WEST SENECA, N.Y. (WIVB) — Believe it or not, earthquake insurance is not automatically part of a New Yorker’s homeowner policy, according to AAA.

AAA offered some helpful facts after a 3.8-magnitude earthquake with an epicenter in West Seneca hit the region Monday morning.

“In many other states, earthquake insurance is offered, but in New York, it’s an optional endorsement that homeowners can add to their homeowners policy though the majority of area residents don’t opt for it,” AAA says.

The company says typically, a homeowner’s policy in New York will cover damage done by a fire or explosion that resulted from the earthquake, but without the optional endorsement, damage from a collapse or otherwise isn’t covered.

“The endorsement is costly enough that most people don’t opt for it, but after today’s quake, some residents may consider it affordable for peace of mind,” AAA says.

David Kirst is a senior insurance specialist for AAA and he says without adding the endorsement, no damage will be covered by the regular insurance policy. While many homeowners opt out, he says everyone should consider it.

“If you have a unique structure, or an older house or even some of the older homes that have stone or…block basements. Things along those lines that could crack or shift because of the earthquake all those things are things people should consider,” Kirst said.

If you rent a home or apartment, AAA says any structural damage is on the landlord to fix. Renters insurance would ensure the tenant has a place to stay in case the apartment or home is unlivable and needs repair.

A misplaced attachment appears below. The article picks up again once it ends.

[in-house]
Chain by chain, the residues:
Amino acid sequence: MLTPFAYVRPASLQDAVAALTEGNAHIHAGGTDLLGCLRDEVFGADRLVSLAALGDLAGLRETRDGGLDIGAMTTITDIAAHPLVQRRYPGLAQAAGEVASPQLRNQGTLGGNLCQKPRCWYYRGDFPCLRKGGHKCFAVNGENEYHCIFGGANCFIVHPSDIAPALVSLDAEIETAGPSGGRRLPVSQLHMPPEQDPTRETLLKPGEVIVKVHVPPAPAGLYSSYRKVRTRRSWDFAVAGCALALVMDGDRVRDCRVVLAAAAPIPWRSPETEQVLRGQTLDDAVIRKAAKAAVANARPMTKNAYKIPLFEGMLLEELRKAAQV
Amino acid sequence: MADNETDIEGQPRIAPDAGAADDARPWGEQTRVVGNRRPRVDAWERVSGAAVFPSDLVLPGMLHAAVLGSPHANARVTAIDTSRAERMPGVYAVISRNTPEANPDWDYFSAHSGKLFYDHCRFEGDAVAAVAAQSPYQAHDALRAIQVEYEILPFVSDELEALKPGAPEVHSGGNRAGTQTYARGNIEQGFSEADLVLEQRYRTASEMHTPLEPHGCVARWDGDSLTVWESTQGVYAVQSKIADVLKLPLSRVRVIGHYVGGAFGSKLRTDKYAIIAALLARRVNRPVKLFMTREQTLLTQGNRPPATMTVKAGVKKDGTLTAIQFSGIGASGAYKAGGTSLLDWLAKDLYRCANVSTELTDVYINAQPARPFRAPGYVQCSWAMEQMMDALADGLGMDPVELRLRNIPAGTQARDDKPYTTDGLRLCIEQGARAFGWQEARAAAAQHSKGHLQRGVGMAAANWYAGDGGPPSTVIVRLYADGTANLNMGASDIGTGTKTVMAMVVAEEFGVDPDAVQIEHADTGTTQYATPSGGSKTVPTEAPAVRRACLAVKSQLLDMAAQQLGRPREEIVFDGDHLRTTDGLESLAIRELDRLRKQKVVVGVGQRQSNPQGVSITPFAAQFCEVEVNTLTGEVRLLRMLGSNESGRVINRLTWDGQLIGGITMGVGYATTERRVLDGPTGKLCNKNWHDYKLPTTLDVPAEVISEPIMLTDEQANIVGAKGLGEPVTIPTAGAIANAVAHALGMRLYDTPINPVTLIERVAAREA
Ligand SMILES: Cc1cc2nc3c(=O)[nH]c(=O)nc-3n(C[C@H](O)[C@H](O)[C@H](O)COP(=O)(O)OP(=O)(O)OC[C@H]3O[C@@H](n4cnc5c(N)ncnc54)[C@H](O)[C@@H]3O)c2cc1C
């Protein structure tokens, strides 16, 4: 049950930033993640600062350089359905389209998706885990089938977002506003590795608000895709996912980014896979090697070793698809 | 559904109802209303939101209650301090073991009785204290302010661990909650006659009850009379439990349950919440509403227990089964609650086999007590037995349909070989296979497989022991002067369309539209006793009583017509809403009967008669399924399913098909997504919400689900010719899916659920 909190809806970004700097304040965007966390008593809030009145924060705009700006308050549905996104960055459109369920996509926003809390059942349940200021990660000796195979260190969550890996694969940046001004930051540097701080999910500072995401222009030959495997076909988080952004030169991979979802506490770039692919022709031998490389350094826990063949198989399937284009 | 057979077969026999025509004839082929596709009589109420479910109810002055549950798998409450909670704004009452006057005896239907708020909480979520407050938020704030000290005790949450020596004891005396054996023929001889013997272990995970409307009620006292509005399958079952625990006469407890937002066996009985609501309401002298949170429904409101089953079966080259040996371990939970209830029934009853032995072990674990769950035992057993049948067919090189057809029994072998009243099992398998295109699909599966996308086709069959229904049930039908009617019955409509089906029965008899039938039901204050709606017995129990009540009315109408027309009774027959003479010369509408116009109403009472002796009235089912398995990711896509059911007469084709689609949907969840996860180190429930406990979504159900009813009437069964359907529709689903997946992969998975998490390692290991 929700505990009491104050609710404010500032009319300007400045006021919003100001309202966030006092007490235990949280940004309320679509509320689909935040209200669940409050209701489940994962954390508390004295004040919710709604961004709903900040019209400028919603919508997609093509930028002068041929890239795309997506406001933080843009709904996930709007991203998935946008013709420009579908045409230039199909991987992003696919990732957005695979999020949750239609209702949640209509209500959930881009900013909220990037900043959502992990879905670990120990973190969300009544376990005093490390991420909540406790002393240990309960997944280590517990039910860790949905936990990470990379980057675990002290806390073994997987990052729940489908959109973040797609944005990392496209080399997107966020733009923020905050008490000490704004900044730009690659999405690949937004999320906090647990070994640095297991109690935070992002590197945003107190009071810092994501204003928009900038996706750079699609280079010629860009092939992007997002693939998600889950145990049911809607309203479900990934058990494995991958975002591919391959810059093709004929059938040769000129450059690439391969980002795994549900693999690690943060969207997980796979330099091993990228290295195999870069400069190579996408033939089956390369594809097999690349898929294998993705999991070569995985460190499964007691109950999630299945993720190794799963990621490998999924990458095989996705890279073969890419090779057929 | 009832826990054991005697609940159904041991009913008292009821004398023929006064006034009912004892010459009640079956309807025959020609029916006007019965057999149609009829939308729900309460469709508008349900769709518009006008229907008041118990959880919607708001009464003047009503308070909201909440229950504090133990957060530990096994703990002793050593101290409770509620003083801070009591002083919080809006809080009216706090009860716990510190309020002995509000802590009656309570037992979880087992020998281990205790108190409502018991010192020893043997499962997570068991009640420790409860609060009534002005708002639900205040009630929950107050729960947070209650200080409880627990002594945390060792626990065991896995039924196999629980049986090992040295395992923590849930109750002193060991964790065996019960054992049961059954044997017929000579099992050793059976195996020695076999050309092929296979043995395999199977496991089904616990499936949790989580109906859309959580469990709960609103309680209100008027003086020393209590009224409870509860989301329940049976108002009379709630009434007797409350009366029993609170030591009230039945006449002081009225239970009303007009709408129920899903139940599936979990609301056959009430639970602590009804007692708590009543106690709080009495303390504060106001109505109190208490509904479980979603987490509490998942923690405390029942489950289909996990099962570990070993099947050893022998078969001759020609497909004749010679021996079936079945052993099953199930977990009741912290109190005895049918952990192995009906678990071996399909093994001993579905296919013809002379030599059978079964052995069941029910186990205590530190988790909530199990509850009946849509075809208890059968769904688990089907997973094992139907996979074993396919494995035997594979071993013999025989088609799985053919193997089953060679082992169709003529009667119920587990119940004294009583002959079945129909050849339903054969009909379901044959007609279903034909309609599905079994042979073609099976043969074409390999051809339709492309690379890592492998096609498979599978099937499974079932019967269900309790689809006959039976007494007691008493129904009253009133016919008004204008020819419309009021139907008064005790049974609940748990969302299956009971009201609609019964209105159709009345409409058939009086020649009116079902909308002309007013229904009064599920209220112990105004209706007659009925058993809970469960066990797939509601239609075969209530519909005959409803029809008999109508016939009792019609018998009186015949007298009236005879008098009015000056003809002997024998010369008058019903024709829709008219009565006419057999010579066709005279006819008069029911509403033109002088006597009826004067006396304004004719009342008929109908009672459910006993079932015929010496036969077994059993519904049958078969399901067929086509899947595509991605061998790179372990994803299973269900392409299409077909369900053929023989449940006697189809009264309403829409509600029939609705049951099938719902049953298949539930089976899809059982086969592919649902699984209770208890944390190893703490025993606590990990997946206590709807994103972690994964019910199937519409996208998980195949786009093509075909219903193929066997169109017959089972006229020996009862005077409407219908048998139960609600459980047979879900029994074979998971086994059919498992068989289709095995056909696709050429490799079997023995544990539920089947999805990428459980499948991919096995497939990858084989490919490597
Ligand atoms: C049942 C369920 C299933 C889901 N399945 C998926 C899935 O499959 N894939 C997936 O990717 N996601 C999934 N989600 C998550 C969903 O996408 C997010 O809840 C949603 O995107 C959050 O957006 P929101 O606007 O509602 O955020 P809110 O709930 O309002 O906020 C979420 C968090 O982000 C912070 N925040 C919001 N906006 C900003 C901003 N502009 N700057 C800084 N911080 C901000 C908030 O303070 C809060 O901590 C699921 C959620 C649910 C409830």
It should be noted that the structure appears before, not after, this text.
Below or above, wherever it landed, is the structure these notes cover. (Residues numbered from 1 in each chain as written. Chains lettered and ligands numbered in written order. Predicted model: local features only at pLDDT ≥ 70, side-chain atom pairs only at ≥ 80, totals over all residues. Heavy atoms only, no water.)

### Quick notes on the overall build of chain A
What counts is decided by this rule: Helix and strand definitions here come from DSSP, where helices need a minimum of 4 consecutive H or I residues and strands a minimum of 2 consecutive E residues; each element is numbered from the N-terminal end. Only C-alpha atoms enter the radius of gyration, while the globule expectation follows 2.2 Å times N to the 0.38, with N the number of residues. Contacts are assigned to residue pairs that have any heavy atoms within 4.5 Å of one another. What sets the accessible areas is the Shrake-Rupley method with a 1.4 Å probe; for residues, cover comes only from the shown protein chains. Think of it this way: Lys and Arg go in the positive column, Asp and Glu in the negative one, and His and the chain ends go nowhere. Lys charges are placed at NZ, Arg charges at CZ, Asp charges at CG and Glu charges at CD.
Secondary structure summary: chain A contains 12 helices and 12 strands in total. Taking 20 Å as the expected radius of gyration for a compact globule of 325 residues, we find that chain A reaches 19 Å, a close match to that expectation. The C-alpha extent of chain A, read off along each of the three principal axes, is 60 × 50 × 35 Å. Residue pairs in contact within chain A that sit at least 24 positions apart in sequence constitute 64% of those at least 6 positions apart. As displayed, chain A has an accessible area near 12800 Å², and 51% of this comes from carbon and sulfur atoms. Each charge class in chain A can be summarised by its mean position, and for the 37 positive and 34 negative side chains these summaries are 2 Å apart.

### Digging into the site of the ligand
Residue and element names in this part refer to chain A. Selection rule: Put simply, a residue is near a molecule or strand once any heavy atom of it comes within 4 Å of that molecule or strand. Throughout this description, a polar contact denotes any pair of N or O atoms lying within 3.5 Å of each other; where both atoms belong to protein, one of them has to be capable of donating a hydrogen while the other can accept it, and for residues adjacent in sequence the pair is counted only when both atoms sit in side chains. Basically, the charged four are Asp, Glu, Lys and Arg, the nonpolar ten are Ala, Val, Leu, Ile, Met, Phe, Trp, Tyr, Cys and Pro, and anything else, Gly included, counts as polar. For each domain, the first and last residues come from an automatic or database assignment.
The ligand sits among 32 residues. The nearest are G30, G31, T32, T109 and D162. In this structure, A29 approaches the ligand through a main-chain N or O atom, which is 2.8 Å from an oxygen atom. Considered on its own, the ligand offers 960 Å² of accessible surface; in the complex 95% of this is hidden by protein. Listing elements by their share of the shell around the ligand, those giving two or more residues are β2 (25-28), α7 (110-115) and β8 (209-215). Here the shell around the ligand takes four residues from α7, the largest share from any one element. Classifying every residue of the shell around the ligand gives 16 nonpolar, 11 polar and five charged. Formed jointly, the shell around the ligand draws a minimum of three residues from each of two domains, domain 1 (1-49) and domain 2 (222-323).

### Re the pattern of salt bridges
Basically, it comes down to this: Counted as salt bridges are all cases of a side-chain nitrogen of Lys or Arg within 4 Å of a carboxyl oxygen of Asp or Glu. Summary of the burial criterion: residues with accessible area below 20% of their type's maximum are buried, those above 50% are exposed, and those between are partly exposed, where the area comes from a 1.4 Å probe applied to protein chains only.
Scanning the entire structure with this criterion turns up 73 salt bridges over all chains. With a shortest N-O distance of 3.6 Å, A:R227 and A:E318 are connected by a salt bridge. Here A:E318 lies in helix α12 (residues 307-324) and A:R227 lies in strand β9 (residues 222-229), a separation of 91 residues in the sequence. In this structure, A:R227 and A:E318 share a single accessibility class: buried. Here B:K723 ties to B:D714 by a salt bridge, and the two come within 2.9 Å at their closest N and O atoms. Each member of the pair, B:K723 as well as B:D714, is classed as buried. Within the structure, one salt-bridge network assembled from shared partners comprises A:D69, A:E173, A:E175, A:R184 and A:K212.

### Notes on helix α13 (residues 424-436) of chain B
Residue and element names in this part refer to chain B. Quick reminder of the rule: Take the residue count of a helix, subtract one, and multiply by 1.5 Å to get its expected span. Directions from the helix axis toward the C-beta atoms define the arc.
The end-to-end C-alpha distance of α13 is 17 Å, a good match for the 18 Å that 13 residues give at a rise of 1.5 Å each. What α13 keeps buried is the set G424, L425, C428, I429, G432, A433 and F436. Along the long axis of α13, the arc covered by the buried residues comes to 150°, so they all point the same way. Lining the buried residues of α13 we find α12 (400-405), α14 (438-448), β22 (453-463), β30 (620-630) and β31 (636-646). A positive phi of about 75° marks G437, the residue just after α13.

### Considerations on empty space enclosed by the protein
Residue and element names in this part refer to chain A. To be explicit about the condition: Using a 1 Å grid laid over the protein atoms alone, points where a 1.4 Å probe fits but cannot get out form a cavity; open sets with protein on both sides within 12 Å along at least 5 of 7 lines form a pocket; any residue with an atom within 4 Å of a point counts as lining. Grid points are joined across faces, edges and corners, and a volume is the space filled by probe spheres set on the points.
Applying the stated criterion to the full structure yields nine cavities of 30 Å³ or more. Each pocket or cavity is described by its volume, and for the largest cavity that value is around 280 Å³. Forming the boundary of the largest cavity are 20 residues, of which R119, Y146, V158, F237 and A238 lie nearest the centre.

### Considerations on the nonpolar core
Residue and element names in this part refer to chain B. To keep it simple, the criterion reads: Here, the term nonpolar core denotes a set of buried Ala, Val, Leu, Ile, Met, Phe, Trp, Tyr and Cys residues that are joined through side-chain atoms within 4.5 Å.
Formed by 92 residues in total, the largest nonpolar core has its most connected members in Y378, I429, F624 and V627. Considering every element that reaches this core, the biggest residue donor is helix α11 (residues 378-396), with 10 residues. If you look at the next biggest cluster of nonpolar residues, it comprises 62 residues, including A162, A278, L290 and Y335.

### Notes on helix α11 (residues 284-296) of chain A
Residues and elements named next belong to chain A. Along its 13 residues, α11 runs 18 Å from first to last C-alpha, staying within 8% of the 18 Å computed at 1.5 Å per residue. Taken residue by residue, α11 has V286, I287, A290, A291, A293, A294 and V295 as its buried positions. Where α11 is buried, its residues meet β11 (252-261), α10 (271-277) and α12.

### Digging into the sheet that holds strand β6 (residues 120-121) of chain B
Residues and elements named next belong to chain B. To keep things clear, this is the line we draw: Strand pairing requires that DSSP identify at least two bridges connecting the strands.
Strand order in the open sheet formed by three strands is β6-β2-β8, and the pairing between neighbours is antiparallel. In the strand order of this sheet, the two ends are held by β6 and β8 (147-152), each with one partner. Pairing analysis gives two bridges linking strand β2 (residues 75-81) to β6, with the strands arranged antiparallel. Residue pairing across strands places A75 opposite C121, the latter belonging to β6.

How about damage to your car? AAA says comprehensive auto coverage “would cover damage from fallen bricks.”

“Comprehensive coverage is optional though it is included for leases or loans for new cars that are not yet paid off,” AAA says. “Some drivers with older cars that are paid off opt out of it. If bricks fell from a home in New York following an earthquake, the homeowner would need an earthquake endorsement on their insurance in order for the damage to be covered.”

Items in the home would not be covered by the normal insurance policy. Jacki Wiza of Lancaster says one mirror broke and fell off her mantel. She hasn’t considered adding the additional policy to her homeowners insurance, but if earthquakes become more regular, she might consider it.

“I think because they’re so rare, I don’t think I would yet and they’re not super powerful it doesn’t seem like. But if it starts happening more frequently, it’s definitely something to look into,” Wiza said.

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